Regular readers might remember us hitting a mid-summer crafters sale, along with me wandering around in shoes from the sale (something I would never do without meeting the person first — it’s a kooky rule, but it works for me. Like if I did get some foot cooties I could go back to the person’s house and confront them or something …)
Anyway, at that sale Jenny found a copy of Crafts for Retarded. No, really.
We had a discussion about who would buy it, which we seem to do on a regular basis. In the “one of us needs to buy that” sort of vein … and let’s get real, it’s usually me that takes the bait, since I have no will power.
What exactly is this book? Well, let me start by saying that some of the crafts look downright difficult. Many of them I probably couldn’t do now (and maybe that is saying more about me). Far as I can tell it’s a school aid or parent aid for teaching crafts to the mentally retarded.
This is the first edition from 1964 and lord knows how many printings they could have had. Hell, even growing up in the ’70s saying retarded was a NO-NO. Not that it’s stopped me from calling all of my friends retarded many, many times.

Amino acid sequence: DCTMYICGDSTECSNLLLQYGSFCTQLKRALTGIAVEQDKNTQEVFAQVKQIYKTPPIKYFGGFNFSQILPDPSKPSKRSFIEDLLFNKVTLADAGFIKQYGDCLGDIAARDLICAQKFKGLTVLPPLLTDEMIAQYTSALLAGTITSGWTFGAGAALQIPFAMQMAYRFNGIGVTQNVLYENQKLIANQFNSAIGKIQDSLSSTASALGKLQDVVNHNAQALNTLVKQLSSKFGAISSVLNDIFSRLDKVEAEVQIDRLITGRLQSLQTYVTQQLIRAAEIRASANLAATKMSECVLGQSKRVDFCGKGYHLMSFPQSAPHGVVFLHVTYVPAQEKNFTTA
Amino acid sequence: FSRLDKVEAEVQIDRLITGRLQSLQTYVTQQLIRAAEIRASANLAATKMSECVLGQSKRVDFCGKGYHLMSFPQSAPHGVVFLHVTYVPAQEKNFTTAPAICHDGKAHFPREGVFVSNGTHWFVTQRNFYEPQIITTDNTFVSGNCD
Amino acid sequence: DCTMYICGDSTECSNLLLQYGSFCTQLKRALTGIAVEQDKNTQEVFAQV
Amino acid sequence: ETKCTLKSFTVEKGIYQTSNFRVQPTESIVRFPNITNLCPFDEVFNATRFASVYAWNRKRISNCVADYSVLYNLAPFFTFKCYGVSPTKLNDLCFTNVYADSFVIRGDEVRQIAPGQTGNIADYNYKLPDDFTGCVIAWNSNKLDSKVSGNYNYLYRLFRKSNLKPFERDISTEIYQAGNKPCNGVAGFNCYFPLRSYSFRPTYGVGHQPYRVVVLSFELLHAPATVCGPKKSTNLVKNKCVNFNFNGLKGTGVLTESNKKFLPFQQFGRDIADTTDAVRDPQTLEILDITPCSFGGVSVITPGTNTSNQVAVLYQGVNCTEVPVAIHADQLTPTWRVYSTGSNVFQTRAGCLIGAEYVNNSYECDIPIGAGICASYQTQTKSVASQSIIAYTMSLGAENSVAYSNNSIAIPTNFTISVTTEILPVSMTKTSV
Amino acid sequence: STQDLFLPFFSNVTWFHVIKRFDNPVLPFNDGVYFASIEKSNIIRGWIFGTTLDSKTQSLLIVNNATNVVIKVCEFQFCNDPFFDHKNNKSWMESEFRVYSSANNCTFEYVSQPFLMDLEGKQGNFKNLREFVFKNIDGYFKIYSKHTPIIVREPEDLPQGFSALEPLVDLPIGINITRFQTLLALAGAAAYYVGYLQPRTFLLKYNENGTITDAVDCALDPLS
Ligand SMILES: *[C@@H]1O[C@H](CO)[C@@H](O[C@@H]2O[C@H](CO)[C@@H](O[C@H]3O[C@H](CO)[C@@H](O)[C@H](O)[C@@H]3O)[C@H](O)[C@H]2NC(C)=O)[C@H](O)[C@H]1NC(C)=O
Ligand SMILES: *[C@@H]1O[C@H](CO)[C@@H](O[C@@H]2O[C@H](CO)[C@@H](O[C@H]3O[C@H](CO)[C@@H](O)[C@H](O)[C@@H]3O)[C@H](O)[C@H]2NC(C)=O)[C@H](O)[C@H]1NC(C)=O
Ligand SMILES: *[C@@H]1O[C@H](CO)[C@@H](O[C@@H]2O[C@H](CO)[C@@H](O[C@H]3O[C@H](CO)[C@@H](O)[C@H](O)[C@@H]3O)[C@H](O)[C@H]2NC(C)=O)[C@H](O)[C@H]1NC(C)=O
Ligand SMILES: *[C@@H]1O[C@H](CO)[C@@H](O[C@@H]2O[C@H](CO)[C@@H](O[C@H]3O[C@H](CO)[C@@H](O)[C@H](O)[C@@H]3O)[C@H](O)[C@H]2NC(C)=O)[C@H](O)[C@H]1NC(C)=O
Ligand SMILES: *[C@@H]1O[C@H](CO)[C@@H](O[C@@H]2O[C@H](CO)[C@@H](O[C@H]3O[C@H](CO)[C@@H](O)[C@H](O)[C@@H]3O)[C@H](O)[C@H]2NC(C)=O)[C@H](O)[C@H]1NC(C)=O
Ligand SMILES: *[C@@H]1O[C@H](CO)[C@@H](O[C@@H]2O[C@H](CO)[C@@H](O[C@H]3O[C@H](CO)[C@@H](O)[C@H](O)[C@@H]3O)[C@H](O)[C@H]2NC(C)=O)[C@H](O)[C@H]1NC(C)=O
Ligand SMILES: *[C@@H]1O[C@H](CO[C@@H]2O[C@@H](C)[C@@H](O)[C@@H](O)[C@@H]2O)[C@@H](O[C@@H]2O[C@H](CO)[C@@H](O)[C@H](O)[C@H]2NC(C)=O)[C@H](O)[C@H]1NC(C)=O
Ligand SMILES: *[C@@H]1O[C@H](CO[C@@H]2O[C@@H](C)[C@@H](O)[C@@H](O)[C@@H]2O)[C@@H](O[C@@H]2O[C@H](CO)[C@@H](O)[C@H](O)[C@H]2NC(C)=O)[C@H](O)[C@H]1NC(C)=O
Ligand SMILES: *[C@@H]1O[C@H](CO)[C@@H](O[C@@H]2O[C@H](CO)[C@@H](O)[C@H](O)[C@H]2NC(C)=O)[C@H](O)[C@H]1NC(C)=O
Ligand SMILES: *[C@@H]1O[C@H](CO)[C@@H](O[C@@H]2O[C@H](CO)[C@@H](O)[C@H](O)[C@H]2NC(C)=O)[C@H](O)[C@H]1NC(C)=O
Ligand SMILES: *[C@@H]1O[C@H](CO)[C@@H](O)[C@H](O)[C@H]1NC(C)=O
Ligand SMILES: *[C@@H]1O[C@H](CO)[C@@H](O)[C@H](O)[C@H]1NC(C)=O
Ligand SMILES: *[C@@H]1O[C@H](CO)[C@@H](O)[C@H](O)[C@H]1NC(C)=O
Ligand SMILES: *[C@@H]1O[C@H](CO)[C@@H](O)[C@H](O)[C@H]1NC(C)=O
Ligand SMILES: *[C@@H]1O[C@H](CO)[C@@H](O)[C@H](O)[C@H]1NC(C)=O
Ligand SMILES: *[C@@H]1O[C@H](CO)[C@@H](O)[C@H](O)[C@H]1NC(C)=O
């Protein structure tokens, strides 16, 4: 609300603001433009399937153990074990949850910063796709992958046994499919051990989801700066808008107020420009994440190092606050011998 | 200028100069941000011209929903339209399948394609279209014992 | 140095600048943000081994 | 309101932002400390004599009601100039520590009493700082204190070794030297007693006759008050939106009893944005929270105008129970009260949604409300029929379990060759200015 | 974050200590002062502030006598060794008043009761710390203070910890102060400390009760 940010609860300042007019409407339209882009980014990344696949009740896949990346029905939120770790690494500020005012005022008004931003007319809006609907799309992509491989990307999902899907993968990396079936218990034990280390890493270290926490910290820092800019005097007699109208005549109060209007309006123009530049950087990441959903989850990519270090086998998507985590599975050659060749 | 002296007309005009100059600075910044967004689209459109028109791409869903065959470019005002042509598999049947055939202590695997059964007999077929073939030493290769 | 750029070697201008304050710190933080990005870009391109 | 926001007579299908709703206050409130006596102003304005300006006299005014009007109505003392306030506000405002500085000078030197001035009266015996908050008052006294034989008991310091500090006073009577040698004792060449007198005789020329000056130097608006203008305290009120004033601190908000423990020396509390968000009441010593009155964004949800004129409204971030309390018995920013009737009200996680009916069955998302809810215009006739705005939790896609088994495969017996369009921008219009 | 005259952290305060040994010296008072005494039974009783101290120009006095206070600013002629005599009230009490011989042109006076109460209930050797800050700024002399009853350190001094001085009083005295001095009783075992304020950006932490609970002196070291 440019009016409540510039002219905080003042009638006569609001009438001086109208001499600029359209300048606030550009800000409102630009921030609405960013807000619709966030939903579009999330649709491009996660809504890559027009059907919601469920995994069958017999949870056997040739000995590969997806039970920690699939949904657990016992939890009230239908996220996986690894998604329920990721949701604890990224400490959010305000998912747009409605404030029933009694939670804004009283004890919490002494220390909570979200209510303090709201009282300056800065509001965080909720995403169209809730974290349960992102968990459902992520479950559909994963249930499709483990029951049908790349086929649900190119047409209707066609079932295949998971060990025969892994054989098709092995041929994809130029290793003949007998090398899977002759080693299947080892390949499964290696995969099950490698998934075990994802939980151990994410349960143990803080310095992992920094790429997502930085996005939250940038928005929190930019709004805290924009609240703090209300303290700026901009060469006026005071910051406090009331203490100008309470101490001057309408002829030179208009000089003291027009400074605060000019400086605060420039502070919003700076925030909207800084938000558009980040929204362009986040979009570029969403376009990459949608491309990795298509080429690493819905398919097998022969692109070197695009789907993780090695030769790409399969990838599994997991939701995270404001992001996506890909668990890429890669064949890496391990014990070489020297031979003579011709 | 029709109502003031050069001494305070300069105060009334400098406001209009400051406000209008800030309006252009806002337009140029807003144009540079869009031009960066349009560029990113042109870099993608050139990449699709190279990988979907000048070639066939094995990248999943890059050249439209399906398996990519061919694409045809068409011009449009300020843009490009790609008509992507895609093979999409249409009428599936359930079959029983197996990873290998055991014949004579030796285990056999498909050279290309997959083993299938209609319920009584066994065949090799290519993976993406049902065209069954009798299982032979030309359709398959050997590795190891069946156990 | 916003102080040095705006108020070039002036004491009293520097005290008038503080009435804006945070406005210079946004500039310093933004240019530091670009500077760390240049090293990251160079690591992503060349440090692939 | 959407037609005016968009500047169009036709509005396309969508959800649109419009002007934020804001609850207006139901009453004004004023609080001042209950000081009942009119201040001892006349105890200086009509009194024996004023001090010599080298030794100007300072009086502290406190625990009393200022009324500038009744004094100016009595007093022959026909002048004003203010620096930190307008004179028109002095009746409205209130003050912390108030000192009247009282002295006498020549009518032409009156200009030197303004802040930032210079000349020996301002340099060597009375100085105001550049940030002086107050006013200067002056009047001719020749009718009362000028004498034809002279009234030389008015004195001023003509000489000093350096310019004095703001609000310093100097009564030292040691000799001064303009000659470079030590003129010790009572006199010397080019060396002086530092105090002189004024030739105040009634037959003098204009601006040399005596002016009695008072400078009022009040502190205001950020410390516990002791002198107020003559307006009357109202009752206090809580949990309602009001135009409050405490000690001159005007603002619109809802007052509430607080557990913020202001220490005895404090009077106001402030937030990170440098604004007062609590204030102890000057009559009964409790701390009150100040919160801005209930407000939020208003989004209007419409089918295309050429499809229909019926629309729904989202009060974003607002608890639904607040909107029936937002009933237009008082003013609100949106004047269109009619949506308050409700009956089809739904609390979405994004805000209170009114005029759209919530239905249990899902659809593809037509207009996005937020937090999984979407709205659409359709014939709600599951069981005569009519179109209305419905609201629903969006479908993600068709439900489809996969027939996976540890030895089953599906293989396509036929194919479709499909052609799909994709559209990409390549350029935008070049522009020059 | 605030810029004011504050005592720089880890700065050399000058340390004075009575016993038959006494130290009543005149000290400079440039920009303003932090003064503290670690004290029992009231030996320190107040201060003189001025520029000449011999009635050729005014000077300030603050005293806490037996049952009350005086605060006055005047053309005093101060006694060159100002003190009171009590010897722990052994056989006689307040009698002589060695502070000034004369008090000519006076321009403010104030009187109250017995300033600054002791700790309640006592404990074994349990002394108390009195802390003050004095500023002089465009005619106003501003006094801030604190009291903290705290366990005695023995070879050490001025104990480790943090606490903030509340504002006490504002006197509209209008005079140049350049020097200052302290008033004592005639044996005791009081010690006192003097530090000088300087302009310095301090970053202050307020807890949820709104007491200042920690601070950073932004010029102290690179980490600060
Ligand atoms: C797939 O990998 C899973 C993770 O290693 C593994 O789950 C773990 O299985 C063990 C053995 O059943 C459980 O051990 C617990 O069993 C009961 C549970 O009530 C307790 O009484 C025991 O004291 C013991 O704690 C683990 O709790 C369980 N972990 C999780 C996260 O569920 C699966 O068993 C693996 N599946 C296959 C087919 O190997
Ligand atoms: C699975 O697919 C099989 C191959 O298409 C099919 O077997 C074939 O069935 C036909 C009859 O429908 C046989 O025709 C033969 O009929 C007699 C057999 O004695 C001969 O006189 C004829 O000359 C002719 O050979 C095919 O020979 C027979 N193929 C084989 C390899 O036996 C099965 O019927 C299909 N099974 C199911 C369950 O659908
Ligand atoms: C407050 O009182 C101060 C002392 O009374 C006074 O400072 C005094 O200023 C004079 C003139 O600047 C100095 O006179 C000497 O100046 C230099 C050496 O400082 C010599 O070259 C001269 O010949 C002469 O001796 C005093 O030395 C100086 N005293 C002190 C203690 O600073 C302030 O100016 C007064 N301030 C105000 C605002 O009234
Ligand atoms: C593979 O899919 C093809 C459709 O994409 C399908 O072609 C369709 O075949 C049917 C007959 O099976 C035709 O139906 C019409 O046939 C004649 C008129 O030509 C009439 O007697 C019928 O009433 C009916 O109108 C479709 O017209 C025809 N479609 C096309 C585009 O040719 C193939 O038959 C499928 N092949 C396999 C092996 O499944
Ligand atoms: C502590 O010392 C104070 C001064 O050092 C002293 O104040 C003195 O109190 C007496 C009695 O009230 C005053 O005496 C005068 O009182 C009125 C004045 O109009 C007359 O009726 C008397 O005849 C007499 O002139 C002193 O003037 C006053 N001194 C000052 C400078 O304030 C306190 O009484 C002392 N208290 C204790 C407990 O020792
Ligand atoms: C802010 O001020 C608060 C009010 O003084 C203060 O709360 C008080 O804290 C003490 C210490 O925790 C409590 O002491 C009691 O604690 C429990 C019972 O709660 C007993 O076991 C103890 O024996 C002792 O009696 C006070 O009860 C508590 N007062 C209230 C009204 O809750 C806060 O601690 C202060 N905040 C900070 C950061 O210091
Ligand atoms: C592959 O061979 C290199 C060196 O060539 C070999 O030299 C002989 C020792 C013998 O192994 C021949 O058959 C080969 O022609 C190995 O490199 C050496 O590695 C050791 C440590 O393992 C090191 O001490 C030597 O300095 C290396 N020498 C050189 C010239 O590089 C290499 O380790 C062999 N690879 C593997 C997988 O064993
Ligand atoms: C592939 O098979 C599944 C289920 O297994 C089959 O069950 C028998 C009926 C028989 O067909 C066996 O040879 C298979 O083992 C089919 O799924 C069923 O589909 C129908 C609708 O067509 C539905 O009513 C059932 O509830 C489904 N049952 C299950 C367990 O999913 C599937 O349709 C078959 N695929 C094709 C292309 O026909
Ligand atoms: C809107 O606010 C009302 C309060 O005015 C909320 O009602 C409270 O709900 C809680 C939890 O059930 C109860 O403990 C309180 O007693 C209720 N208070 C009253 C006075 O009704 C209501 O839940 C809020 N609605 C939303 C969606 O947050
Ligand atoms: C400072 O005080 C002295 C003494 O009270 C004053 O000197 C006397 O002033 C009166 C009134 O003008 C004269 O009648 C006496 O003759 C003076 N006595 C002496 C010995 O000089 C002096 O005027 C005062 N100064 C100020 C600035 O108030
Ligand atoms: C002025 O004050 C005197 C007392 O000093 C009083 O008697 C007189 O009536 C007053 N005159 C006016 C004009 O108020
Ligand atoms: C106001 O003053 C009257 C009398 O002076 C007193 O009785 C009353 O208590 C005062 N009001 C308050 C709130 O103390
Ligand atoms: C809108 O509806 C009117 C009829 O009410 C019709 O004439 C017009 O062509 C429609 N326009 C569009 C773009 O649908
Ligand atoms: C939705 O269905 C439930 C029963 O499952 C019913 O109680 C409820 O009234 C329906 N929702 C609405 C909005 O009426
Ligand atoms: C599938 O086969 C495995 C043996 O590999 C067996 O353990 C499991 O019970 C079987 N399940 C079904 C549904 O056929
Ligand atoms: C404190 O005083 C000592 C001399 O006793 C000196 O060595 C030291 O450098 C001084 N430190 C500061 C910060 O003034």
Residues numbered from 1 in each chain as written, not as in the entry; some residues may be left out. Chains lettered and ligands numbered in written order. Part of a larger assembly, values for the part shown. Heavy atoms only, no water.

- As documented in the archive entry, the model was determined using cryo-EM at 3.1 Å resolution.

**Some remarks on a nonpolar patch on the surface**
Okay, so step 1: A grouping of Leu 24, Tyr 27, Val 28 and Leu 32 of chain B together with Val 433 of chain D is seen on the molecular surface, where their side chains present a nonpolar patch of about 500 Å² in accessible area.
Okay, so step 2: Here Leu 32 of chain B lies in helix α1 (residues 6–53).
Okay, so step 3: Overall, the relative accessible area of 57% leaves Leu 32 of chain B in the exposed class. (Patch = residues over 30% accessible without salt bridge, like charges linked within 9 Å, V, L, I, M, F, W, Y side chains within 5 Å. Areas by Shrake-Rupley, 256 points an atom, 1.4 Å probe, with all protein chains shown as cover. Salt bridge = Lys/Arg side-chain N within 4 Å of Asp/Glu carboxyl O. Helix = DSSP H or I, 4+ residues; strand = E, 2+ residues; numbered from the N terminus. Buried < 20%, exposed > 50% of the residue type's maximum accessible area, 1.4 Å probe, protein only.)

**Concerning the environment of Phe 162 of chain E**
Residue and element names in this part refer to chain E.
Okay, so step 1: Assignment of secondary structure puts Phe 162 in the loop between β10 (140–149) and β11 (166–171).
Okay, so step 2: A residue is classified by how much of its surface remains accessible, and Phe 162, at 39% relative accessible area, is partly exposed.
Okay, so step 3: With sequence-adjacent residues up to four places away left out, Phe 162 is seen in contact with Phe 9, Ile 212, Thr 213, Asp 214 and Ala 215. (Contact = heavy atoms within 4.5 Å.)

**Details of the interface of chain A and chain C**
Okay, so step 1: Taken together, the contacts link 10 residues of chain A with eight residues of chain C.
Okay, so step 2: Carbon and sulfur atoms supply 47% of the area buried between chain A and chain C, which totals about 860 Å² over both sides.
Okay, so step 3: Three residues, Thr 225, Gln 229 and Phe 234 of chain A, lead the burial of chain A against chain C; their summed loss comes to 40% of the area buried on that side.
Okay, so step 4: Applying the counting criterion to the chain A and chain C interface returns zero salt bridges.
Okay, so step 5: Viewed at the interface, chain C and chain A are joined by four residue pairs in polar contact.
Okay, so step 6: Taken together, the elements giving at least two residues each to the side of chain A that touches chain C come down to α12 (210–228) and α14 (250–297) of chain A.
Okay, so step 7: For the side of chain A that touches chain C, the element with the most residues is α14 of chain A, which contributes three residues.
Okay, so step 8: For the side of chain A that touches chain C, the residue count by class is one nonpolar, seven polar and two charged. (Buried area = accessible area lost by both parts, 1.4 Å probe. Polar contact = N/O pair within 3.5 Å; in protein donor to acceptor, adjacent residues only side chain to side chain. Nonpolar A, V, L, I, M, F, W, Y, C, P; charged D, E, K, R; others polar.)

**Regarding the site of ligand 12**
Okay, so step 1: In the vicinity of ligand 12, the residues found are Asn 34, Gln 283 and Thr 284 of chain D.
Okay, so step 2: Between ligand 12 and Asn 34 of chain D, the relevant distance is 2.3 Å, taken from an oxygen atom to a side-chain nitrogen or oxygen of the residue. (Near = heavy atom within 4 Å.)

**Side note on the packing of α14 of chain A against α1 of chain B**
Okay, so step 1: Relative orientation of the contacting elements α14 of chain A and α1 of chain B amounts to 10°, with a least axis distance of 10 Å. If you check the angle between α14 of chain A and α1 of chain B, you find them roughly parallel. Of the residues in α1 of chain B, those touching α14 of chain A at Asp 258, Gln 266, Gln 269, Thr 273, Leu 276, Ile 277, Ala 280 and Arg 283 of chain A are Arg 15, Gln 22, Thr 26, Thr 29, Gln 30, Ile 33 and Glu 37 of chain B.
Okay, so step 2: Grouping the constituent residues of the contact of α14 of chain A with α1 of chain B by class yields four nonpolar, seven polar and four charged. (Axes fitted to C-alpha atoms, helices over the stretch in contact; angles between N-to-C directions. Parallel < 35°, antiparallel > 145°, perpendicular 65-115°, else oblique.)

Shocking that even in 1964 they would use a swastika in this drum project.
Yes, I know that it’s a Native American symbol and you can tell me all day that it’s a symbol used for 100s of years, blah. There is no friggin’ way that it’s ever going to be okay to use in a children’s book.
Not only is the drum odd, but there’s a full-on product advertisement on page 53 for textile paint. This is in the table of contents.
I did think these “Phonograph Record Bowls” were pretty cool.
Wanna see a better cover? Awful Library Books uncovered a less scraped-up copy.